Author and provocateur Christopher Hitchens, 61, announced this week he would cut short a book tour for his new memoir, "Hitch-22," because he will undergo chemotherapy for esophageal cancer, a serious diagnosis that rarely has a happy ending.
The disease kills 14,530 Americans a year and one type -– squamous cell carcinoma -– is associated with smoking and drinking, habits Hitchens extolled as virtues in essays and features for Vanity Fair magazine.
"It tends to be an aggressive cancer," said Dr. Richard Battafarano, chief of thoracic surgery at the University of Maryland. "By the time a person knows he has esophageal cancer, it's already moved to stage 3 or 4. By the time people go to the doctor because their voice has changed or their swallowing has changed, the tumor has advanced."
Speculation has already begun on what role Hitchens' self-proclaimed hedonistic lifestyle played in his diagnosis.
"The fact that people are also calling it throat cancer tells me it's high up behind the voice box," said Battafarano. "We know he had a prolific consumption of alcohol and cigarettes and he had quit smoking, but it might be a little late."
The British-American author's statement on his publisher's website had little detail.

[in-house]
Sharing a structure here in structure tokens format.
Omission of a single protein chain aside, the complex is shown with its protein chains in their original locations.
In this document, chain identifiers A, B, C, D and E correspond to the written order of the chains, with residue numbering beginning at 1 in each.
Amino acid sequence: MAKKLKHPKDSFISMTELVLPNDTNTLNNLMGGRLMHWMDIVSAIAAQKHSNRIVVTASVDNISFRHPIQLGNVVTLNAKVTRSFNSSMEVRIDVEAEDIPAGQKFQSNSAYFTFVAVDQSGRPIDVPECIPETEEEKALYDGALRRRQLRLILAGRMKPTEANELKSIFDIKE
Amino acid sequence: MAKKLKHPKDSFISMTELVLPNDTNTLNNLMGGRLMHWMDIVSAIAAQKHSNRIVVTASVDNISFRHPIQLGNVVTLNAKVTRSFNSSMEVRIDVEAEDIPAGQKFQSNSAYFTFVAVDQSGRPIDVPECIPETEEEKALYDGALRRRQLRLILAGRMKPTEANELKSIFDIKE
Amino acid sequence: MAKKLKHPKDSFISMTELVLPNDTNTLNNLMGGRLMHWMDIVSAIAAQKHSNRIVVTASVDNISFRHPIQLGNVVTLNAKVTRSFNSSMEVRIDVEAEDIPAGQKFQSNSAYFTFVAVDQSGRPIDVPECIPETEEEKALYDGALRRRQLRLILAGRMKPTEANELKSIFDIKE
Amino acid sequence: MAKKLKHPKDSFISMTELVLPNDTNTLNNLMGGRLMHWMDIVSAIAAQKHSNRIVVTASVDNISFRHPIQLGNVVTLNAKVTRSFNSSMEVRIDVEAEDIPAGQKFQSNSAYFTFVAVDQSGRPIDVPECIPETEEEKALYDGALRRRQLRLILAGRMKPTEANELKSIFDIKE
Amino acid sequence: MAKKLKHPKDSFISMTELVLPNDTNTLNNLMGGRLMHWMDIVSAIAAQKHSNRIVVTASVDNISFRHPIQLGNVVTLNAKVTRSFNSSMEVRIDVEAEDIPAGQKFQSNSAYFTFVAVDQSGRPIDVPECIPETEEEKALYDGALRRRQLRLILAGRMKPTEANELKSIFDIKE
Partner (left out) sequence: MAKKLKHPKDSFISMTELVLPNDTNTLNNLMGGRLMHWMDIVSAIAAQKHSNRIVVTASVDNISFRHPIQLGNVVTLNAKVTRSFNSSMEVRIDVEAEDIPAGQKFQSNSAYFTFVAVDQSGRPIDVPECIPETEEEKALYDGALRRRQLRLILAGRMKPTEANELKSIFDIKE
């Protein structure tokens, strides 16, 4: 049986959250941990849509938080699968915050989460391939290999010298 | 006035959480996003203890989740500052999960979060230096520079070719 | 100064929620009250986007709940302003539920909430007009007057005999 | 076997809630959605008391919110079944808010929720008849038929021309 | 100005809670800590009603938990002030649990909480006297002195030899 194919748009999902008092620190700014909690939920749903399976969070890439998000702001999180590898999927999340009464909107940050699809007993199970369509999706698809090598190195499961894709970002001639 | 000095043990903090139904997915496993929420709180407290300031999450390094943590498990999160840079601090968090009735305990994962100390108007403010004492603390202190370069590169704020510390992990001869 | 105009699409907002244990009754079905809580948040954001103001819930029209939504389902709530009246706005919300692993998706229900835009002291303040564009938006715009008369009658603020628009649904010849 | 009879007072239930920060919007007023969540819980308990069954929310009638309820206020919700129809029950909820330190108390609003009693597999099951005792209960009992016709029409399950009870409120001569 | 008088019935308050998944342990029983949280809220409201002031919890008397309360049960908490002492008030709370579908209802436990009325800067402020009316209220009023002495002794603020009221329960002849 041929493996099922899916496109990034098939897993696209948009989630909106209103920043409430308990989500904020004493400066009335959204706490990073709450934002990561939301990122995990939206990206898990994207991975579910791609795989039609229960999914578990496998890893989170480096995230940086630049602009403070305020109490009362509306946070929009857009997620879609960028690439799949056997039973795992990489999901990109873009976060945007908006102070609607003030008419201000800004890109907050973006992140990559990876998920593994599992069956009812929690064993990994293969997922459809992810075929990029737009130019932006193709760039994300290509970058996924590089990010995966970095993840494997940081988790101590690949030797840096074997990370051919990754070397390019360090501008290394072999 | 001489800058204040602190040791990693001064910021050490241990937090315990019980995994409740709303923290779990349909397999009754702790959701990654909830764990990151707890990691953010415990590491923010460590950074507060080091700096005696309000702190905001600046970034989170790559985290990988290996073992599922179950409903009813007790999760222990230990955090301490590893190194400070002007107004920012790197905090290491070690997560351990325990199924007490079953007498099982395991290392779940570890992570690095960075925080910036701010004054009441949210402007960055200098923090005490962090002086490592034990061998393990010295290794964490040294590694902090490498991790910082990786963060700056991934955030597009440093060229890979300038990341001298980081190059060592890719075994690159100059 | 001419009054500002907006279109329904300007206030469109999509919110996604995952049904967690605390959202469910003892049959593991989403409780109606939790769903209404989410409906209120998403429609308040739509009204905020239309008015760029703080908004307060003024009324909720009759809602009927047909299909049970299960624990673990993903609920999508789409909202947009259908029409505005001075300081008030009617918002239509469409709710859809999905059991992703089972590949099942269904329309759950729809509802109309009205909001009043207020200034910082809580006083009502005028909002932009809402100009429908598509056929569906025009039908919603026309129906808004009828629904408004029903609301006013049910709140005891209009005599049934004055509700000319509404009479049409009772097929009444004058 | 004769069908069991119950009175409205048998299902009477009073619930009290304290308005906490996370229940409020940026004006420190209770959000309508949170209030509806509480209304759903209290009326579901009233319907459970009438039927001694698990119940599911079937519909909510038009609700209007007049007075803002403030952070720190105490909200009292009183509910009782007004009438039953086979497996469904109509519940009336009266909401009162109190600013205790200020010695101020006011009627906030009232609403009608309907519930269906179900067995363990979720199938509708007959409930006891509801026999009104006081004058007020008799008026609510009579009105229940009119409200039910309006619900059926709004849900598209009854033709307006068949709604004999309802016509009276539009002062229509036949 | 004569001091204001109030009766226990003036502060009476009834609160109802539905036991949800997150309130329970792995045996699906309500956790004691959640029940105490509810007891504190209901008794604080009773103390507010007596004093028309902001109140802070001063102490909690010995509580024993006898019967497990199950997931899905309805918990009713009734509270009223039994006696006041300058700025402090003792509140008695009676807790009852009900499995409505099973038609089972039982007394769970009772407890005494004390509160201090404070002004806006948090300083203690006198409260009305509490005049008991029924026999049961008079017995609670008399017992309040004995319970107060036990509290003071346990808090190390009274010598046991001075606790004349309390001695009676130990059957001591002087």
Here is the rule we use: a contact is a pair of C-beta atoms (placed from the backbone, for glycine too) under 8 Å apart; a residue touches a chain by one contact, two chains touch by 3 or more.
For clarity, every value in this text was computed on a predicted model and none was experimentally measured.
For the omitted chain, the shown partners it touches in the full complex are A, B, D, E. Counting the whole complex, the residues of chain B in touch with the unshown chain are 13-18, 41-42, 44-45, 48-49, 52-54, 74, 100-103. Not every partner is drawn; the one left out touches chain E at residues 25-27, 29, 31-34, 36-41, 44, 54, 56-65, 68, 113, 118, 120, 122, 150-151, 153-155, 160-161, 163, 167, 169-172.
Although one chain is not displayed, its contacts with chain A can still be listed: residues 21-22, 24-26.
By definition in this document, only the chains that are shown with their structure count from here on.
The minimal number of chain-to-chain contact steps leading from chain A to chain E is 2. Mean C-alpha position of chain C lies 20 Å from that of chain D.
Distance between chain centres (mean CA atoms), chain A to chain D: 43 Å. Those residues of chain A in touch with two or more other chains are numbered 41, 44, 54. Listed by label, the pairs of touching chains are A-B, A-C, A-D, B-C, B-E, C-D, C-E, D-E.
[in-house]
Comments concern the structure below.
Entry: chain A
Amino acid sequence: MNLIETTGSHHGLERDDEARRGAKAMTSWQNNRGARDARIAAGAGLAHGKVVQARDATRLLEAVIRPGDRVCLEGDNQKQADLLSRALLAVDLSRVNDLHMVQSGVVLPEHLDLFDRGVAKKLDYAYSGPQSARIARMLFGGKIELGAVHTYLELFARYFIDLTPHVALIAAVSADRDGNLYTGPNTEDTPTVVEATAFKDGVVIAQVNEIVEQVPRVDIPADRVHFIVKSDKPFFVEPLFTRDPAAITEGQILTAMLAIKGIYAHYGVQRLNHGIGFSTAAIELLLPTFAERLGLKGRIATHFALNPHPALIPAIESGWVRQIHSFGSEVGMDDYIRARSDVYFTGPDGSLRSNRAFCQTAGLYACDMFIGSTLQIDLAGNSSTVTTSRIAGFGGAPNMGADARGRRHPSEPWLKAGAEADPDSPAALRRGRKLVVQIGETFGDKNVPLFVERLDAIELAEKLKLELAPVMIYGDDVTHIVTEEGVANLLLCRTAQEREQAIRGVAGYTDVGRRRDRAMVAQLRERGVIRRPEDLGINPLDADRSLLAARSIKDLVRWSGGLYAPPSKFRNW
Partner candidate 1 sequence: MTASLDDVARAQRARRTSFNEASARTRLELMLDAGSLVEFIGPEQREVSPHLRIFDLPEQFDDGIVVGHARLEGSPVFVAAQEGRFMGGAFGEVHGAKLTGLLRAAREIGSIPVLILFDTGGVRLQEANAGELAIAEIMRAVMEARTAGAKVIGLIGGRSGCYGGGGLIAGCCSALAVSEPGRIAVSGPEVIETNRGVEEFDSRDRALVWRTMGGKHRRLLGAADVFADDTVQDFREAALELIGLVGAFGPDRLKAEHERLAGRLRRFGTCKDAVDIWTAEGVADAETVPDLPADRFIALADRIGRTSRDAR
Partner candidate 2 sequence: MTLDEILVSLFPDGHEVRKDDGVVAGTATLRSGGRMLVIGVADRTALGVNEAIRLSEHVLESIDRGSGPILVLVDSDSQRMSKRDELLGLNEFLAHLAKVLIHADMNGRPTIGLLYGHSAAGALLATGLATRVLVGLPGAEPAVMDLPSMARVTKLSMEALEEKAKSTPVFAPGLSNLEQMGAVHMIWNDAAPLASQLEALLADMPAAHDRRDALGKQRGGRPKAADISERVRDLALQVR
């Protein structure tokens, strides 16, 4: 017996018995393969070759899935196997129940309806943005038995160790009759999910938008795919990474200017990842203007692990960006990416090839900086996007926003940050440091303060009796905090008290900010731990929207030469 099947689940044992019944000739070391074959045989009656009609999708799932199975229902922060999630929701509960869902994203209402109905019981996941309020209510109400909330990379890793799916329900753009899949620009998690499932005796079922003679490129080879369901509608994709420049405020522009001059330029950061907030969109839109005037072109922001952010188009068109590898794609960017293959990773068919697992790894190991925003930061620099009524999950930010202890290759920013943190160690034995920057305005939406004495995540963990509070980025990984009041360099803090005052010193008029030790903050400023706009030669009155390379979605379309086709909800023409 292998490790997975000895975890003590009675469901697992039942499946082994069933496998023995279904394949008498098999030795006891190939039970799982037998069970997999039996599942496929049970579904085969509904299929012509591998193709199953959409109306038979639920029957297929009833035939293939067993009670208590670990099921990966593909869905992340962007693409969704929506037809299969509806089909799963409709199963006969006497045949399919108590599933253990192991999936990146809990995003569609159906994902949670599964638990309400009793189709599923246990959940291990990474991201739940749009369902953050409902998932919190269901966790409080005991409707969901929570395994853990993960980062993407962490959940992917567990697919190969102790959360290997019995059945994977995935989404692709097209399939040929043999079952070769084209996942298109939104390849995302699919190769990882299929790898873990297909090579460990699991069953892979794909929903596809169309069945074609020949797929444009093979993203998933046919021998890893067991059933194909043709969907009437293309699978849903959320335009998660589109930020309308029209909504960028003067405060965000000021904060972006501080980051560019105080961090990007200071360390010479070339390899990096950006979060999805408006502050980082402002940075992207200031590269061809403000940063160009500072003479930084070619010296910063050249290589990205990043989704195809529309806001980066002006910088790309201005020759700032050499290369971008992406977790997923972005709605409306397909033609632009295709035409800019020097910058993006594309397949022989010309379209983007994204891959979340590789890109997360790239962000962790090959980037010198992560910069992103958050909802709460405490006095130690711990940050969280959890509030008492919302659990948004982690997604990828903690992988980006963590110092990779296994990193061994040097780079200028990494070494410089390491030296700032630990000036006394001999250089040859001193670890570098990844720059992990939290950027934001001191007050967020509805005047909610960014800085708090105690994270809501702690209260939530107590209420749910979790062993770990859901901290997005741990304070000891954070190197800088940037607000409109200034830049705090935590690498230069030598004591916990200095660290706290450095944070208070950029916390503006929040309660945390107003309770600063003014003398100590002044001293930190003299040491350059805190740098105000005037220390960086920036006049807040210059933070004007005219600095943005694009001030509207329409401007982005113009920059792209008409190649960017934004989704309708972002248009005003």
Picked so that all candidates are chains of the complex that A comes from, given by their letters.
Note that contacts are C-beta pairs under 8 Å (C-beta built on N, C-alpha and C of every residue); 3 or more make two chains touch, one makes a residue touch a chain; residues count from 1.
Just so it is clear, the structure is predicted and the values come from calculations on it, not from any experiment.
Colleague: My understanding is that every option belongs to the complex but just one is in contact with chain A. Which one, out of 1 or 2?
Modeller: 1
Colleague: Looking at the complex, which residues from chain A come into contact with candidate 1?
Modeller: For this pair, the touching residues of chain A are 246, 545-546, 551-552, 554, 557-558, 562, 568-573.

"I have been advised by my physician that I must undergo a course of chemotherapy on my esophagus," he wrote. "This advice seems persuasive to me. I regret having had to cancel so many engagements at such short notice."
If the cancer is localized and has not yet spread, Hitchens would likely not get chemotherapy alone, according to Battafarano. At the same time, he may have refused surgery, which can damage the nerves around the voice box.
"He could have told the surgeon, No way I am risking my voice box,'" Battafarano said. "It's hard to guess. If it's outside of the esophagus and he's getting chemotherapy because [the cancer] has metastasized, that's not good. It they are using a strategy that starts with chemotherapy and moves into radiation next, it could be localized."
"[Hitchens] is being very private, as he should be," said Battafarano. "We could be wildly wrong or right on."
As the author of more than dozen books and magazine features, many of them about his personal proclivities, Hitchens often celebrated his love of Johnny Walker Black.
"What the soothing people at Alcoholics Anonymous don't or won't understand is that suicide or self-destruction would probably have come much earlier to some people if they could not have had a drink," he wrote in a 2003 essay on booze, "Living Proof."
Hitchens gave up tobacco in 2008, but had been seen sneaking a puff or two, according to the Washington Post. His wife Carol Blue said it was "fear" and a desire to "live to see his political enemies defeated."
Another drinker and chain smoker, Humphrey Bogart, died of esophageal cancer at age 57 reportedly uttering the famous last words "I never should have switched from scotch to martinis."
Other celebrities who died of the disease included Texas Governor Ann Richards and actor Ron Silver.